DISCLAIMER: The West Wing and all its characters belong to NBC, no infringement intended.
AUTHOR'S NOTE: This is a collection of seven snippets in the Thoughts series - just short drabbles from different povs.
ARCHIVING: Only with the permission of the author.
I wonder if your husband has trouble breathing when he looks at you, if his heart races at your every touch.
I wonder if he knows how I feel, if he can see through my defenses whenever you walk into a room. In that moment when my eyes first meet yours, I am open and vulnerable. Can he detect my desire, my fear, my love for the woman whose kiss he and I both crave?
I admire him.
I respect him.
I envy him.
I have grown accustomed to the feel of the ring on my finger. The yellow gold blends into my skin, marks me as a married woman with responsibilities and loyalties - traits I have always admired within myself. I have worn the metal band for years, am comfortable in its symbolism, yet upon meeting her, my concentration to my vows faltered.
Her allure is stronger than the connection which exists in the never-ending circle; her consideration warms me in ways his shelter never could.
To him, the ring is a symbol of our union, a remembrance that I am his angel, so I do not remove the halo as I taste her lips. I allow it to serve as my punishment for committing an unforgivable sin.
Even now after all we have been through, I am certain of the integrity of this office. With gentle hands, I hold the power it controls; I relish the authority with unending command. Yet, while I serve my country, give of myself and of my family, I am losing the person I cherish most. Not to my position, though it has played its own part, but to a woman.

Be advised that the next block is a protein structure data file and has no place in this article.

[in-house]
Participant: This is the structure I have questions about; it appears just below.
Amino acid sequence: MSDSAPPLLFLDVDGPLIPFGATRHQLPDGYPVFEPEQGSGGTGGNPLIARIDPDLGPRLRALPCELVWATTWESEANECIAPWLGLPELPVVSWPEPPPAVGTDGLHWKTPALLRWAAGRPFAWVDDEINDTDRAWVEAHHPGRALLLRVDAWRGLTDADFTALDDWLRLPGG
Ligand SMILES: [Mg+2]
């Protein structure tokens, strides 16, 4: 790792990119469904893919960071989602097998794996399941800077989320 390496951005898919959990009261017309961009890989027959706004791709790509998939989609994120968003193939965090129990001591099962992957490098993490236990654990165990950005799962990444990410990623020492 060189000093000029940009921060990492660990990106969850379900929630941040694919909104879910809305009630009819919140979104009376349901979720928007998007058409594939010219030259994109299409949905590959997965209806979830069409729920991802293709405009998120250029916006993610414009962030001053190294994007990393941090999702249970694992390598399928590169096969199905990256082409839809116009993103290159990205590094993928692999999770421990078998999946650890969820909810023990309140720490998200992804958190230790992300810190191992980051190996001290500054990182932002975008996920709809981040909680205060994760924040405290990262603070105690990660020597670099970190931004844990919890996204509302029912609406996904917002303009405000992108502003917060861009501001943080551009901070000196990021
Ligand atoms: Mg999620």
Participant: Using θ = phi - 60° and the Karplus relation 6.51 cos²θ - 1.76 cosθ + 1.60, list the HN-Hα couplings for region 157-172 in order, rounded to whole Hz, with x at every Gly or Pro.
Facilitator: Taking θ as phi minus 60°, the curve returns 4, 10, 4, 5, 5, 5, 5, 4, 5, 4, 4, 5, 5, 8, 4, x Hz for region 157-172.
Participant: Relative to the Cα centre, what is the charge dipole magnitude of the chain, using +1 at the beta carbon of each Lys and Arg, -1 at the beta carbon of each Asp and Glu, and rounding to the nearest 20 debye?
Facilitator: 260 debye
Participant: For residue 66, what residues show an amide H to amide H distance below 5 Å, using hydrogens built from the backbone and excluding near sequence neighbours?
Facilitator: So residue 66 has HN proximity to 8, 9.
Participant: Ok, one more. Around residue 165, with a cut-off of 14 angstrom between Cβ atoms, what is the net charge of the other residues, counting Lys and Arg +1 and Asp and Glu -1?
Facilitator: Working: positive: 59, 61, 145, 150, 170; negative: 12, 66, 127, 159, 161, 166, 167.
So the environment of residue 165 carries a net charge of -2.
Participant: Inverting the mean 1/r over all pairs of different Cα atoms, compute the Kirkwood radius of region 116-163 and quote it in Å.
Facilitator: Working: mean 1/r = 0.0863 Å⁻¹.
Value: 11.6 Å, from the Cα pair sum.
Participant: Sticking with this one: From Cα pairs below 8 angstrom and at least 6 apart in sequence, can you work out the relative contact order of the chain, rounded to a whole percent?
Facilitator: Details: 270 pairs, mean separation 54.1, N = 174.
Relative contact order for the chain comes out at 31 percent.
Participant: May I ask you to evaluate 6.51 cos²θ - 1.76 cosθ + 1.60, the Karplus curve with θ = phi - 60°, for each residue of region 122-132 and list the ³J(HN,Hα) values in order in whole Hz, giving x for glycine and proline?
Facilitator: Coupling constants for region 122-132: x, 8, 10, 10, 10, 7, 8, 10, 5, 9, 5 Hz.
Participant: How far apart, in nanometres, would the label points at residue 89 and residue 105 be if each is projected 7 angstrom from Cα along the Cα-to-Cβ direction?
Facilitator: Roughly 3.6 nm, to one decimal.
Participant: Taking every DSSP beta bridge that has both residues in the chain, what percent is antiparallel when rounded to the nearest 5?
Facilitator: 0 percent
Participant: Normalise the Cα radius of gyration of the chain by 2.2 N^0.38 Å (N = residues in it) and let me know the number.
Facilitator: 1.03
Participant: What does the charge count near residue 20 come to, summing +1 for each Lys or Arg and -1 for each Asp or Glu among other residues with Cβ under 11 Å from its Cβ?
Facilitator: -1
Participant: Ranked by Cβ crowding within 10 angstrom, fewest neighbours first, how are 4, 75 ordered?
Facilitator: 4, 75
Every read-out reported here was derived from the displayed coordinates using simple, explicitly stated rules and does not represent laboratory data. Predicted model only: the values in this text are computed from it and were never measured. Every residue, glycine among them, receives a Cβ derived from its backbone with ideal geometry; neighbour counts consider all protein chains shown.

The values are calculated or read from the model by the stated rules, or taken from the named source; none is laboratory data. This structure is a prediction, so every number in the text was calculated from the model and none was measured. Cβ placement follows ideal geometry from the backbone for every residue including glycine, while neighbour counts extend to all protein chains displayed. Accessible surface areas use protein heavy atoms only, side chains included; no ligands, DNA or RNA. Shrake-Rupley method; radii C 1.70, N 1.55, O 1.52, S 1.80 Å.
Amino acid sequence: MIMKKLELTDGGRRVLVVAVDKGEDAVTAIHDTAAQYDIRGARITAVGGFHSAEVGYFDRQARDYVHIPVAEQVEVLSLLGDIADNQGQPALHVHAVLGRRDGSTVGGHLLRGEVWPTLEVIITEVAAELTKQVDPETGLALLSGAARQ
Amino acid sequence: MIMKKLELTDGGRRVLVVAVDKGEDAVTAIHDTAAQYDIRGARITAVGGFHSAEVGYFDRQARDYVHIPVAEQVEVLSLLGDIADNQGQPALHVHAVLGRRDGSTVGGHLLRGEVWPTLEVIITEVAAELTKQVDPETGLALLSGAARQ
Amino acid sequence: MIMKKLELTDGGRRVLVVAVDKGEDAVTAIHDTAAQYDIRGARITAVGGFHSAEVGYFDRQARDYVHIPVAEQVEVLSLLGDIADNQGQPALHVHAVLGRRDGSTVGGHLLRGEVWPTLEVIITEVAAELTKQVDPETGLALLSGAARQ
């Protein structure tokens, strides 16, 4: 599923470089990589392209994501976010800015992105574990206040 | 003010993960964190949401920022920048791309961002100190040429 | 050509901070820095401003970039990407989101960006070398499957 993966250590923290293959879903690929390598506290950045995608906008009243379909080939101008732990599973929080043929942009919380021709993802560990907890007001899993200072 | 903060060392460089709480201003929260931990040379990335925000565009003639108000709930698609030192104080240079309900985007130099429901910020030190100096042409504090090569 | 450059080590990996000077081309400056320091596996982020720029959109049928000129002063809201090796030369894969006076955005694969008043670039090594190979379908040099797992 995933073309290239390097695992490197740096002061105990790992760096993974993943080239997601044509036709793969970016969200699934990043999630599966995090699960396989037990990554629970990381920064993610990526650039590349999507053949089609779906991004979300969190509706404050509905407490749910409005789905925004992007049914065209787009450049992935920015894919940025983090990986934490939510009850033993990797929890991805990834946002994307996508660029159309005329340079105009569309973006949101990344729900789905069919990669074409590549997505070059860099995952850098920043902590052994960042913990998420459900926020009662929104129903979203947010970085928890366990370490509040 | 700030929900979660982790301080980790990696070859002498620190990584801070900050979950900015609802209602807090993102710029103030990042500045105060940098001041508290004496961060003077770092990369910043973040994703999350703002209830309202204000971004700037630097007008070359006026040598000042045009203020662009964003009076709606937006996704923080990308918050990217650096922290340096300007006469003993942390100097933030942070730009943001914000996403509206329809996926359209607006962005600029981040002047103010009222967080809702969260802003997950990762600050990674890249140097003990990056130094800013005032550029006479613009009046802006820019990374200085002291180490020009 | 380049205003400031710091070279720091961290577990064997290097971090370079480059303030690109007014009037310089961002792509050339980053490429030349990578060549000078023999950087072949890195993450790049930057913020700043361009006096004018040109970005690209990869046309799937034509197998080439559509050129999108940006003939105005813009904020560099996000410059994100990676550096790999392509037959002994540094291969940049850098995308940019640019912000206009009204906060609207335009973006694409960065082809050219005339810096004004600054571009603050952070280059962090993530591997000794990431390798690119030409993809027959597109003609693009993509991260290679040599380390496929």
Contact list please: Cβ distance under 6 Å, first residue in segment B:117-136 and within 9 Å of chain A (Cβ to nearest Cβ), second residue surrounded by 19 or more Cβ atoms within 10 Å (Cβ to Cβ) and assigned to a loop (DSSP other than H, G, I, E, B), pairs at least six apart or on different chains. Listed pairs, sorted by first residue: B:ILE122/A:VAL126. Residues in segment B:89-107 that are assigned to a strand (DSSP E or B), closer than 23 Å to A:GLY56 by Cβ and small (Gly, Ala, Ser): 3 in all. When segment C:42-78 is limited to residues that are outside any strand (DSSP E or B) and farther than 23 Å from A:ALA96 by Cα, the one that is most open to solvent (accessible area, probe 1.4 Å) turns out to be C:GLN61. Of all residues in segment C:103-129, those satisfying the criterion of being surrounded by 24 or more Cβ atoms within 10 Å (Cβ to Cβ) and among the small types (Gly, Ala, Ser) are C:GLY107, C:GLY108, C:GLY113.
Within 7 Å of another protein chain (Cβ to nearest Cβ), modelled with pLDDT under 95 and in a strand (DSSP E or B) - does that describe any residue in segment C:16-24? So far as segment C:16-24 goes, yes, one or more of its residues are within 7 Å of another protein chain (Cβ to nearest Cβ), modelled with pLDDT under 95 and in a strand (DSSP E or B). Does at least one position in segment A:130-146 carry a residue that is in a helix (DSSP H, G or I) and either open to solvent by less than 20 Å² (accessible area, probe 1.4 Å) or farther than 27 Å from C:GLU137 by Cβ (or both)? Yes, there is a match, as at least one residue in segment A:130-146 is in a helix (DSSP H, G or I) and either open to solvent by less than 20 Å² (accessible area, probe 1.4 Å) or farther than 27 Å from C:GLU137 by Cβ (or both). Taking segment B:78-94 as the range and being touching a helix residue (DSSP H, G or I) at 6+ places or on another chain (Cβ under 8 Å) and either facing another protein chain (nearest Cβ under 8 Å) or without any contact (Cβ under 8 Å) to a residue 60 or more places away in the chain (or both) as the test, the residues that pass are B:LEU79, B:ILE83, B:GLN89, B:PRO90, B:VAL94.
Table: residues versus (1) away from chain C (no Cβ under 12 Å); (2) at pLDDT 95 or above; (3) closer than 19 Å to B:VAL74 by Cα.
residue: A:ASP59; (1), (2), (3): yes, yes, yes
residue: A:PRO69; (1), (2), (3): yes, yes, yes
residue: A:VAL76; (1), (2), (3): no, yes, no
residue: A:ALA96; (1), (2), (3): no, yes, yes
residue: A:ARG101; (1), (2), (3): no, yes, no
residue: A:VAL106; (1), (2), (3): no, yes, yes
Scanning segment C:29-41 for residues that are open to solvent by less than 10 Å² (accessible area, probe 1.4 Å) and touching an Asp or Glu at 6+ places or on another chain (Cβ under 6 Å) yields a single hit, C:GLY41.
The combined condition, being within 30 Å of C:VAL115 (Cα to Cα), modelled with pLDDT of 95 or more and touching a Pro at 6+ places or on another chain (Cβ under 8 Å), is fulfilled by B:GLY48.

She is a friend, a daughter, a staff member, and in all titles I hold her in the highest regards. But I also know she is a lover, my wife's lover; if not in body, then in heart. I can see how they interact, how furtive glances and soft hellos represent more than friendly banter. From where my hand rest on the small of her back, I can feel Abbey's temperature rise when C.J. walks into the room. They have formed an attraction, a connection that spans the influence I possess.
I trust my wife. I trust my press secretary. I try to trust myself.
I'm still working on it.
As I sit at my desk working, I allow my mind to roam down paths Josh says it should not go. But I can't help but wonder. My focus skips from one subject to another before falling onto one that interests me. Today, it is the First Lady.
I wonder if she remembers a time before she had a secretary to schedule her appointments or to answer her calls. I wonder if she remembers how easily it used to be for her to hide in a crowd or to control it. I wonder if she regrets allowing her life to be turned upside down, inside out, and all the way around. I wonder if she has heard the words which sparkle in her eyes when she sees the person who holds her heart. I wonder if she has said the words herself.
I wonder if she knows she is not the only one who is in love with the administration's press secretary.